Sadie crawled in bed with me early this morning to snuggle. She said “Mom, do I have to school today?”
“Nope, we’re going for a hike! But please, don’t share that with your brother (he has to go to kindergarten)”
So of course, she blurts it out over the breakfast table. Haden looked at me with the saddest eyes, as if to say “it’s not true, right mom?!?” And I looked back at him with heartache. He pulled the cereal box in front of his face and started to silently sob.
“Of course you can go with us, buddy! I’ll call the school now to let them know!” His face lit up and he jumped up to pack his bag for the hike ahead.
Cruising down the highway, we did a U- turn to the ranger station before we entered the National Forest. We picked up the essentials- a map, a safety whistle, and of course, two pair of Smokey the Bear binoculars for the expert wildlife observers.
The trail itself is just to the left of the campground. It starts with quite a few switch backs, where I helped the kids in several parts to navigate because of the somewhat slippery gravel. Once you get to the bottom, you have a great view of the river.
The trail itself follows the river and goes to a 1/2 mile loop near the end. It is a fairly easy route with a small elevation gain (I believe around 475ft). The entire length of the trail is 1.3 miles.
My kids mostly spent the time collecting the fuzzy ends of ferns, because they decided they were really cool and worth collecting. The other half was mostly arguing about who got to be the leader- such is life with siblings.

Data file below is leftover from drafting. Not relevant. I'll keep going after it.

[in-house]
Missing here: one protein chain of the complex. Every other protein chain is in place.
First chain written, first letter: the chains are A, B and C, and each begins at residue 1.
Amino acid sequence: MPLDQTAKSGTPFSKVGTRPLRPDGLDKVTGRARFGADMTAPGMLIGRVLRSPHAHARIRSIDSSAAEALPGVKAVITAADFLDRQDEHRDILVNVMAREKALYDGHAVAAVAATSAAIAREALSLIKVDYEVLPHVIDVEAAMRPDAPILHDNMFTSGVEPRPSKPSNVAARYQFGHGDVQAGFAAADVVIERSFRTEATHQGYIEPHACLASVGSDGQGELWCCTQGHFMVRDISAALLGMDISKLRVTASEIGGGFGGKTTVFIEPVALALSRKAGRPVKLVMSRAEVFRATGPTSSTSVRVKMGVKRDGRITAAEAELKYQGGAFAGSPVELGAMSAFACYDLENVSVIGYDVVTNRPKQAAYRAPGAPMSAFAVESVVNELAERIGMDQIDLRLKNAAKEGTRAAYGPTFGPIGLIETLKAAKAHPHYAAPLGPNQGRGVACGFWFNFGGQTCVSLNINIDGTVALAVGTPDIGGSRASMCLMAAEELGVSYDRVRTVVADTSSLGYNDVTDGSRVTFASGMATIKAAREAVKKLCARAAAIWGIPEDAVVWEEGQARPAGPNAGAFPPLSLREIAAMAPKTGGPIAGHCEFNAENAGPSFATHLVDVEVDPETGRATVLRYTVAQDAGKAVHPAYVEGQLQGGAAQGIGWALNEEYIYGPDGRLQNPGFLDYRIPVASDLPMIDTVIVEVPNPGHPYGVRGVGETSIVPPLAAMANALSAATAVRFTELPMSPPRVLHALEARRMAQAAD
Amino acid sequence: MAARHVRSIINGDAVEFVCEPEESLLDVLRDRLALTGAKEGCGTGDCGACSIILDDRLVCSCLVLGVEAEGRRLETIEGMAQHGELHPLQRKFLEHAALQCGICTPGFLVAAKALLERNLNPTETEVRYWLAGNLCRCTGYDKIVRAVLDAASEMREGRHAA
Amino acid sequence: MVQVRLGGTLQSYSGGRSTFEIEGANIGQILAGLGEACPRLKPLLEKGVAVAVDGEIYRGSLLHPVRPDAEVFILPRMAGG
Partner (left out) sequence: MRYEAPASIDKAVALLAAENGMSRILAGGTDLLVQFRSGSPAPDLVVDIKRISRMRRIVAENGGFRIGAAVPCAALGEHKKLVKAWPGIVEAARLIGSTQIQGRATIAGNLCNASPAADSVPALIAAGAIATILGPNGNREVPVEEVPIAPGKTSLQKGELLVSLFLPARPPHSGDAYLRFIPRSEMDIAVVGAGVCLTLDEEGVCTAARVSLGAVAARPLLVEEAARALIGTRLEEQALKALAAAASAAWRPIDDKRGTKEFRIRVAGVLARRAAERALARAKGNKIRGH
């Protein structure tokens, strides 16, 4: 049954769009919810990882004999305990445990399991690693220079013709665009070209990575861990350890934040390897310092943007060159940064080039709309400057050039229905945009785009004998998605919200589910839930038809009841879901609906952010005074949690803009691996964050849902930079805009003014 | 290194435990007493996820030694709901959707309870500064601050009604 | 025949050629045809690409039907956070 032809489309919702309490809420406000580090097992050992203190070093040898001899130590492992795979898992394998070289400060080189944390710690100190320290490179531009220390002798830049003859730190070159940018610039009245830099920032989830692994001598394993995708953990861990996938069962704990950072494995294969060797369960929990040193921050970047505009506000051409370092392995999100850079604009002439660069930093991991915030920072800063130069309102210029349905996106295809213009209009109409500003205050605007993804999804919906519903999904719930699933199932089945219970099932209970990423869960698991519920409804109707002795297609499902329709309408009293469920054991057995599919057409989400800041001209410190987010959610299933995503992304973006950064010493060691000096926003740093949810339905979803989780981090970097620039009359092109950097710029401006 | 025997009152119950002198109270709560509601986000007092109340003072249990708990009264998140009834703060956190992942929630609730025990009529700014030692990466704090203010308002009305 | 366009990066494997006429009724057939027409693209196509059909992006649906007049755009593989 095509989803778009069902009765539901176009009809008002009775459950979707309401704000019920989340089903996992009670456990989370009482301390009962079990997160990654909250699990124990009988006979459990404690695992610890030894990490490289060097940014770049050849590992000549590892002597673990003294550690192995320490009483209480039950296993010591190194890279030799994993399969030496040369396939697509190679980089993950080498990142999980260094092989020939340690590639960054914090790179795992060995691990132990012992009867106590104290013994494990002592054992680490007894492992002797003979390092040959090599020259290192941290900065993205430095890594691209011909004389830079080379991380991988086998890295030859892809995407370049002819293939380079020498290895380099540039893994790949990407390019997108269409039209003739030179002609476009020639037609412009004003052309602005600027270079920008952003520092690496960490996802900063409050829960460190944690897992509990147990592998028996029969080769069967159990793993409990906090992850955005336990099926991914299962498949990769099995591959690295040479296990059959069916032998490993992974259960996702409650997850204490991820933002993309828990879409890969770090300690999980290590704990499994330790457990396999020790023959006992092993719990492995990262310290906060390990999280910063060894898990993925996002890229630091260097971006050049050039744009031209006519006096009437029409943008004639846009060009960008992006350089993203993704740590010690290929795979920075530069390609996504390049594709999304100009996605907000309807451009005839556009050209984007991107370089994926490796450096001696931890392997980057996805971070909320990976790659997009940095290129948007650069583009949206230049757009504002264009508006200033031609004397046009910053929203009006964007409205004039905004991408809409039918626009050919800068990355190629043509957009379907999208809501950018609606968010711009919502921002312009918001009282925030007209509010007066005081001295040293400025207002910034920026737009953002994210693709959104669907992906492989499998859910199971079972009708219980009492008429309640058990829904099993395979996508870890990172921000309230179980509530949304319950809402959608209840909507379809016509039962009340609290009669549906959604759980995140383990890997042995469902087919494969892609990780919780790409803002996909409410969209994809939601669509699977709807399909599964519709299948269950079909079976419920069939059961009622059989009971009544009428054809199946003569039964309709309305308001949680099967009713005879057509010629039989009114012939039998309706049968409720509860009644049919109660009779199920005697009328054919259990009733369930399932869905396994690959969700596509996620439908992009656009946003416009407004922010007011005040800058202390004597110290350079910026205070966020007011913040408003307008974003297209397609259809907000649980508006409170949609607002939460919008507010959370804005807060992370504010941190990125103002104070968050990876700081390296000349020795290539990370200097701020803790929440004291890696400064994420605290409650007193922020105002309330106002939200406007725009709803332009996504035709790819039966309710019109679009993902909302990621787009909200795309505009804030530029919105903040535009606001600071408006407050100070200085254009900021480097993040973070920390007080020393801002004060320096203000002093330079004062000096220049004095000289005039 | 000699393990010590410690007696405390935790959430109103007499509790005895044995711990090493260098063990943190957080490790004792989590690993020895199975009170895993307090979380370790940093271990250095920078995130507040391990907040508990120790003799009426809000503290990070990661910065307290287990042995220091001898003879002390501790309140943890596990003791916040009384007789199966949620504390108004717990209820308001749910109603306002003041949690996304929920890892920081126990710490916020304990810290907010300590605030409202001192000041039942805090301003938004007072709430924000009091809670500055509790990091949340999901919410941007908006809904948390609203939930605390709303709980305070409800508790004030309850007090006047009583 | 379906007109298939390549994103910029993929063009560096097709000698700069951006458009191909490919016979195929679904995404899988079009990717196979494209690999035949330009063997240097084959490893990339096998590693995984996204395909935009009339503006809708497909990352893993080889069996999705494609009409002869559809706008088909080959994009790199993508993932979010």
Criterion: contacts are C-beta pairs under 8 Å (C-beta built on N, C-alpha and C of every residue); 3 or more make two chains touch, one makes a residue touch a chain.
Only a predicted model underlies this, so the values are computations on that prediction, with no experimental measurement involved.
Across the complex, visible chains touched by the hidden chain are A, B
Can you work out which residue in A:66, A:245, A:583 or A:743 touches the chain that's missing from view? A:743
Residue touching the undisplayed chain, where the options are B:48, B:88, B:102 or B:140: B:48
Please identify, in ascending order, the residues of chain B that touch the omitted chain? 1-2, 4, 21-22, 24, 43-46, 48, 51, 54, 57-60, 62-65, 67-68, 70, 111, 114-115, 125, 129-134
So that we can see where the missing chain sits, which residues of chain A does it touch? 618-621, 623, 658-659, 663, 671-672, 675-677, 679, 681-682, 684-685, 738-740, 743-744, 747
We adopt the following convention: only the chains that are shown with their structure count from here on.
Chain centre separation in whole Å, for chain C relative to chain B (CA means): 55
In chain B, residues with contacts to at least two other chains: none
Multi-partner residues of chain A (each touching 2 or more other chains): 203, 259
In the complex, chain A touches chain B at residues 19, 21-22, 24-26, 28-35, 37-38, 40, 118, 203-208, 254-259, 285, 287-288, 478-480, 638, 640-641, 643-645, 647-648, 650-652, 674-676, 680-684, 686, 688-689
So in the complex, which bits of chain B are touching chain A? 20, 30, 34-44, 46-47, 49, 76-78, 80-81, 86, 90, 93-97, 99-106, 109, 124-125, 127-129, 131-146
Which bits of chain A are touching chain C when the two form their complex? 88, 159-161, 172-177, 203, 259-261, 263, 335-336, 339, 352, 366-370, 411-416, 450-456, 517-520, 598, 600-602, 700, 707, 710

But perhaps my favorite part of being in nature with them is all of the questions! A lot of them I don’t even know myself- like really, is that a banana slug? Why is it called that? Does it really taste like a banana? Why is it harder for girls to pee outside? Why do people glitter (aka litter)? Where do bears sleep? What exactly IS moss?!?
Burning questions, these two come up with! And to think- no service in the mountains to consult with Mr. Google!
Food is key motivation when hiking with kids, so making a goal of getting to a certain point before we ate lunch was key. This lunch was on a log bench overlooking the river. We ate strawberries and cheese and turkey and talked about what decomposing meant. They asked me how many rings I’d have if I was a tree (29, of course!). I made them crowns from ferns while they used their binoculars to spot birds in the trees.
We really had such a good time on the trail. They still don’t really get why mom makes them walk in the forest to no apparent real destination, but I think the more we do it the more they find enjoyment in it. I’m happy and proud to say I’m cultivating the love of outdoors in them at such an early age. I am so excited for all of our future hiking adventures to come!